Monday, July 03, 2017

Simply read this in order to just write really better

Removing unnecessary words.
People will understand you better if you use fewer words.

The English language is chock full of words that aren't needed. Chock is a good example. Chock full originated around 1400 in England. Their word chokkeful meant “crammed full.”

They were overusing words back then, too.

If you add words that aren't necessary you slow the reader up and make him process meaningless words like chock.

Diane Jones Randall, a former colleague of mine at The Reader's Digest, found the following article and posted it on Facebook. In Digest parlance, she would have labeled it U for "usable," and she would be credited with a "spot." She and I used to sit there all day long deleting unneeded words and throwing them out the window. As we worked, the mounds of useless words grew, until soon they blocked the windows, and we had to don miners' lamps to do our work. Of course, with the windows blocked we could no longer throw more words out, so we just swallowed them. Toward the end of the day, the lines at the rest rooms were quite long.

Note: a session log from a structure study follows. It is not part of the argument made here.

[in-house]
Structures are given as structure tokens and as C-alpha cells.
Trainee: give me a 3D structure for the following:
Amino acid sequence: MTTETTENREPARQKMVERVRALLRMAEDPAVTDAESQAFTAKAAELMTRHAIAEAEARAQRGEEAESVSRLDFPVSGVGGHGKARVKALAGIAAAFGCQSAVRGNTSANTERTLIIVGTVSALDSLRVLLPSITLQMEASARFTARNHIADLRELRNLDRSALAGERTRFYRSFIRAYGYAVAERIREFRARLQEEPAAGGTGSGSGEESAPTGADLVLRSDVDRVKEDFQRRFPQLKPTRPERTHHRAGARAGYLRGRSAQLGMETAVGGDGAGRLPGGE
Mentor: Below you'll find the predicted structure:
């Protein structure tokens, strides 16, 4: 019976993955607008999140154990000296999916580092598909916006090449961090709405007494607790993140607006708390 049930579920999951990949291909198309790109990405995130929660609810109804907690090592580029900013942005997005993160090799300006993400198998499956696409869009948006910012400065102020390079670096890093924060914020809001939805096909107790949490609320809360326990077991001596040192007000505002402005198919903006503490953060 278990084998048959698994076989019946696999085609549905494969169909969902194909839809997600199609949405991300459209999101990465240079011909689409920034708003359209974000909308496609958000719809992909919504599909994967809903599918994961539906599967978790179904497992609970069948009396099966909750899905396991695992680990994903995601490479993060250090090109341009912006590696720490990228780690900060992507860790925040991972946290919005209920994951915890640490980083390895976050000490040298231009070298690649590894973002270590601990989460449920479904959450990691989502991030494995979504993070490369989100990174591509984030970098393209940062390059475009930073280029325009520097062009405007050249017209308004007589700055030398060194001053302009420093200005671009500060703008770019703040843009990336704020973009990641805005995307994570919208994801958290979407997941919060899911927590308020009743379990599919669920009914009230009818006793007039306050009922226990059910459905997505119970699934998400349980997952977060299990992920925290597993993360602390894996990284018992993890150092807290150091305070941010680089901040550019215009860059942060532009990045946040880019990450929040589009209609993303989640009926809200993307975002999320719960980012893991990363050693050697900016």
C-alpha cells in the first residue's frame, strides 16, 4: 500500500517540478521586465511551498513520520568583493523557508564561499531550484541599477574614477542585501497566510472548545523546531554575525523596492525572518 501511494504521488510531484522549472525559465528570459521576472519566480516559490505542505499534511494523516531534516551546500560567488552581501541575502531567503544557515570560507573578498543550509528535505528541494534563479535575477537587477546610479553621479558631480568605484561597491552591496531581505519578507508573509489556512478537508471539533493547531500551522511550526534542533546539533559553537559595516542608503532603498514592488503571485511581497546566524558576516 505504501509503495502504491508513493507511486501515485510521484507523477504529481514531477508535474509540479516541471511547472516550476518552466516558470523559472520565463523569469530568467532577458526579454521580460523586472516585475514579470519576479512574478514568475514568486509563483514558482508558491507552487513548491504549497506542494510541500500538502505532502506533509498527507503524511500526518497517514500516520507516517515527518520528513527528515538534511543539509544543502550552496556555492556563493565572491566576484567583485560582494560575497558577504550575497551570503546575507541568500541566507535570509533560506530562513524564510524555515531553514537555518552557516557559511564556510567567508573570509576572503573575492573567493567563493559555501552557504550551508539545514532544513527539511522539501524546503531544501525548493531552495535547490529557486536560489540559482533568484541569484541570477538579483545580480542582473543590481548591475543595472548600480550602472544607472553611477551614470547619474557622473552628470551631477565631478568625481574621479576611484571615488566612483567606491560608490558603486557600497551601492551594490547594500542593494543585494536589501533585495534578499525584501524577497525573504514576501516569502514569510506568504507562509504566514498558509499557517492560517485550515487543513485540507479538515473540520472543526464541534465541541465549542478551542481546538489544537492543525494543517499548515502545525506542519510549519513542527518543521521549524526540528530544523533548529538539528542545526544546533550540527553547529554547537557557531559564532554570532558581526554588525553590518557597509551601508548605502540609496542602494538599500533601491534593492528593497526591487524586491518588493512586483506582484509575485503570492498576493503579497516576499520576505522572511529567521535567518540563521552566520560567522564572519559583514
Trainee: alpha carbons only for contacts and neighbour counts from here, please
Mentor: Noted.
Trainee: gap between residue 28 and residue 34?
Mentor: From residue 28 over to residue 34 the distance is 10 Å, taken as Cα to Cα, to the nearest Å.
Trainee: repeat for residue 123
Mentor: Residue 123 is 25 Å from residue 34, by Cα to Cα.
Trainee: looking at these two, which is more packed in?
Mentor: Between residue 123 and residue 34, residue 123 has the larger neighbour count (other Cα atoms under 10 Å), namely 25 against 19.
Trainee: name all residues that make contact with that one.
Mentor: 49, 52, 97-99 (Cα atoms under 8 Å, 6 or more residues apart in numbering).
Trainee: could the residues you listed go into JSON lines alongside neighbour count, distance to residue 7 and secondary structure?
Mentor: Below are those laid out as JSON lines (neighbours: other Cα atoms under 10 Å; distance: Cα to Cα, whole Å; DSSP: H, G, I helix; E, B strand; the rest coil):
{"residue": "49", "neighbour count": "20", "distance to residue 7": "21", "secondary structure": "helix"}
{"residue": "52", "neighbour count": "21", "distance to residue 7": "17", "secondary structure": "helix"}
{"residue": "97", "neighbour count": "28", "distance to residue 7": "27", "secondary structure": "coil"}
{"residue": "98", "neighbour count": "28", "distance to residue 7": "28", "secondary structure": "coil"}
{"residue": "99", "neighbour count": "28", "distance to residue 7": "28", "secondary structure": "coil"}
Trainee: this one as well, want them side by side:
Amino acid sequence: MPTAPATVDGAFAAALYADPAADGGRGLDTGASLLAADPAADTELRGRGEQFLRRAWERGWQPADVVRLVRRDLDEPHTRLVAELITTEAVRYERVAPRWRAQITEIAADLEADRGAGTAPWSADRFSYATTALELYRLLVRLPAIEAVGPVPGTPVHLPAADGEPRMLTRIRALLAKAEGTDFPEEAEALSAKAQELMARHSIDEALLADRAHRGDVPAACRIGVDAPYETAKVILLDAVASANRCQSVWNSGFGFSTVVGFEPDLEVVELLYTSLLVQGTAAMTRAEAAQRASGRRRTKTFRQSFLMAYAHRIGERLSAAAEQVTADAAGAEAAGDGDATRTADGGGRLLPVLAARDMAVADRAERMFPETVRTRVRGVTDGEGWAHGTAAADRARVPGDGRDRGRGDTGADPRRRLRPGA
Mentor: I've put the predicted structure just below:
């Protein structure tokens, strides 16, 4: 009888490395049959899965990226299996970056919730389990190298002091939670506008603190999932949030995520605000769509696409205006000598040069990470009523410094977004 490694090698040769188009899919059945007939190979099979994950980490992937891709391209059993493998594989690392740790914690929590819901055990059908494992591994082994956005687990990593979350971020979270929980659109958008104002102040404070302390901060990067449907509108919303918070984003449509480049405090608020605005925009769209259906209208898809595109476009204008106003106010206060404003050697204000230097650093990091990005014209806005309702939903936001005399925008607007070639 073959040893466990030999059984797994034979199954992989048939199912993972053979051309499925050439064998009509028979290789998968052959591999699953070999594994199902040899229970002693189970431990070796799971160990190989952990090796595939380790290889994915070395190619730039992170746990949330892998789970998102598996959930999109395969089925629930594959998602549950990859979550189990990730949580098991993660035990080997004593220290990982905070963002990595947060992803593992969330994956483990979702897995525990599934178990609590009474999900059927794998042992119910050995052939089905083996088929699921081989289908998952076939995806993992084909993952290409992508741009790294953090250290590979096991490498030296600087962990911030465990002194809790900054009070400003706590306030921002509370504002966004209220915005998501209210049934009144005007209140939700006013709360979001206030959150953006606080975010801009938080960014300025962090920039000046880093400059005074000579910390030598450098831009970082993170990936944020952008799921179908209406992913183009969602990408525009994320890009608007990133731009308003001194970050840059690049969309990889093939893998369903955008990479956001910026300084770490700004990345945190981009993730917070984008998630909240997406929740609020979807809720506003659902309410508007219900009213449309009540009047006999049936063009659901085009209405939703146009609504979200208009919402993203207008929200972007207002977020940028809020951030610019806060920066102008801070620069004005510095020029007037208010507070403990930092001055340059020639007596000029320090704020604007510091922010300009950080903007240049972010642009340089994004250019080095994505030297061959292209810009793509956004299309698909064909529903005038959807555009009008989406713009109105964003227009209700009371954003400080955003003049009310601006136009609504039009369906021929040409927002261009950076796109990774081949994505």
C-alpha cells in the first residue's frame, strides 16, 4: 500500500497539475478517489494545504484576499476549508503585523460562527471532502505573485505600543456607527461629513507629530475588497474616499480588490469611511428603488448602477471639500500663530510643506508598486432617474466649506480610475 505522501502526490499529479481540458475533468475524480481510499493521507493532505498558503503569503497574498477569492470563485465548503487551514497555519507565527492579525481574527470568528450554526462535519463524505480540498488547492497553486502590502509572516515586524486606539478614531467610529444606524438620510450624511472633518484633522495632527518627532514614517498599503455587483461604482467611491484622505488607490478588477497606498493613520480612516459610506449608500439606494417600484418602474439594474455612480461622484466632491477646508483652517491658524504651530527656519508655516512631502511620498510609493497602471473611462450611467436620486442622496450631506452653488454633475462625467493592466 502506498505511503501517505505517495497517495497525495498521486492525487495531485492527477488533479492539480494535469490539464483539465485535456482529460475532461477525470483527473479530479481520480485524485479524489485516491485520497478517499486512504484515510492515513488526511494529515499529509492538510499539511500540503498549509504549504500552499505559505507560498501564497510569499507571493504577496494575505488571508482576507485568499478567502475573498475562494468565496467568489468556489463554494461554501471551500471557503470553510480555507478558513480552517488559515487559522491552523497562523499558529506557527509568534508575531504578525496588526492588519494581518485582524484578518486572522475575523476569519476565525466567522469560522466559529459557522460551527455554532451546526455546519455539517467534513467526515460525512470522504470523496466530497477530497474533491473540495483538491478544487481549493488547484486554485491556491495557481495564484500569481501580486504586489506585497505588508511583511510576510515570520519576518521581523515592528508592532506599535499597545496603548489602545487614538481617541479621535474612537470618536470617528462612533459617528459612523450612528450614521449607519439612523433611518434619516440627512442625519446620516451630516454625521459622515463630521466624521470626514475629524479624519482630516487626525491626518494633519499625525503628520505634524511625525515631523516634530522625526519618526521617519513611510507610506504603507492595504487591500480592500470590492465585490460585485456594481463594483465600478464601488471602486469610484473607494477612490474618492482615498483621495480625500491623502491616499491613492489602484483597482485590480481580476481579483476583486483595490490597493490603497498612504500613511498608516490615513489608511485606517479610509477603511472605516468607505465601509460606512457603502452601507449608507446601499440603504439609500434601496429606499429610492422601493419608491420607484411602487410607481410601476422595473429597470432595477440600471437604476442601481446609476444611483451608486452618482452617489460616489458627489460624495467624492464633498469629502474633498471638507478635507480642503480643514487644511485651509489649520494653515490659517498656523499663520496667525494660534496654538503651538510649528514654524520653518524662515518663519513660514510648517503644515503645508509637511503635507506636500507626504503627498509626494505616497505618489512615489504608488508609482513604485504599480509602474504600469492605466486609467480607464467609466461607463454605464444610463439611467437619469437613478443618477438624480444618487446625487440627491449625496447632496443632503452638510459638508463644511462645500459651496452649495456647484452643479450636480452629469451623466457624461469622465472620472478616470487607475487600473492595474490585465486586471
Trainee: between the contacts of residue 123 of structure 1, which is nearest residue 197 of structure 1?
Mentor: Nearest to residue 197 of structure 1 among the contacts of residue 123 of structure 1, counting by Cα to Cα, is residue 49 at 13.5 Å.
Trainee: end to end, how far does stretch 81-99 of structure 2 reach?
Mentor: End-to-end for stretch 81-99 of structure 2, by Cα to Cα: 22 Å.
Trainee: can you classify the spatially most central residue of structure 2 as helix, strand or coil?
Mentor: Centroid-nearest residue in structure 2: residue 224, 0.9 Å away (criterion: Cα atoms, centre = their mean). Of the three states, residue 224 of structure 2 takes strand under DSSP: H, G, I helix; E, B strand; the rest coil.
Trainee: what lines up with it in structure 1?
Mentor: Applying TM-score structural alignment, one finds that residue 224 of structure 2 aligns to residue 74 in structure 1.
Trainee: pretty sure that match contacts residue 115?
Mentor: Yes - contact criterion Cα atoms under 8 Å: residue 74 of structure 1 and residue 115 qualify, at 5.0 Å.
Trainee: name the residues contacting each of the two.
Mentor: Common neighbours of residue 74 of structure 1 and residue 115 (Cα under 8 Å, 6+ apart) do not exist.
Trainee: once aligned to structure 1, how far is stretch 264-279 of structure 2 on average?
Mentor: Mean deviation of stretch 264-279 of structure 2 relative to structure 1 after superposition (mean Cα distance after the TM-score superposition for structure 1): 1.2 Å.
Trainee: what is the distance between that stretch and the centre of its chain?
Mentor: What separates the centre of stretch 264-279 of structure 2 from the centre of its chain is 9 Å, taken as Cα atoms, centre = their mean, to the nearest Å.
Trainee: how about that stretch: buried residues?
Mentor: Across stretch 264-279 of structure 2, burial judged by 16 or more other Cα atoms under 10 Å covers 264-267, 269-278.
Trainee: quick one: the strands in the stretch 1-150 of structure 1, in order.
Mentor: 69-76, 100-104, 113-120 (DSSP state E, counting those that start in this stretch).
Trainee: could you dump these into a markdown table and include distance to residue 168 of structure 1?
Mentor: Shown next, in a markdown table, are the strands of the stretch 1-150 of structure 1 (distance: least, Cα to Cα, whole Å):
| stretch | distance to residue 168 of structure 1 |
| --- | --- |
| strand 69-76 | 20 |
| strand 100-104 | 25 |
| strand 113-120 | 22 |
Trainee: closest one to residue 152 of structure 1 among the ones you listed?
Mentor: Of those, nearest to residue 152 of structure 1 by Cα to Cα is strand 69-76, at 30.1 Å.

Diane found this article on a blog called Grammarly. "Blog" is short for weblog. She posted it to Facebook, where I saw it.  I used Facebook for free. I then posted it to my blog on Google's Blogger platform, which I use for free. Neither of us paid Grammarly anything to use this article, and you're reading it for free as well.

When I first met Diane there was no Facebook, no blogs, and no World Wide Web. There was just darkness.

Okay, here we go, thanks to Karen Hertzberg, who compiled the list. This is just a sampling. At The Digest we would have selected only the best examples.

Each and every: Look for filler words in your writing each and every day daily.

Simply: Simply don’t use this word often.

As yet: We don’t know as yet whether we’ll succeed.

In order: Eliminate excess verbiage in order to clean up your writing.

Very, really, quite, rather, extremely: These very common words are really not useful. They’re rather dull.

Just: If your sentence works without it, you just don’t need this word.

In the process of: We’re in the process of learning to remove wordiness.

For all intents and purposes: For all intents and purposes, Our writing has improved.

I see what you did there, Karen.

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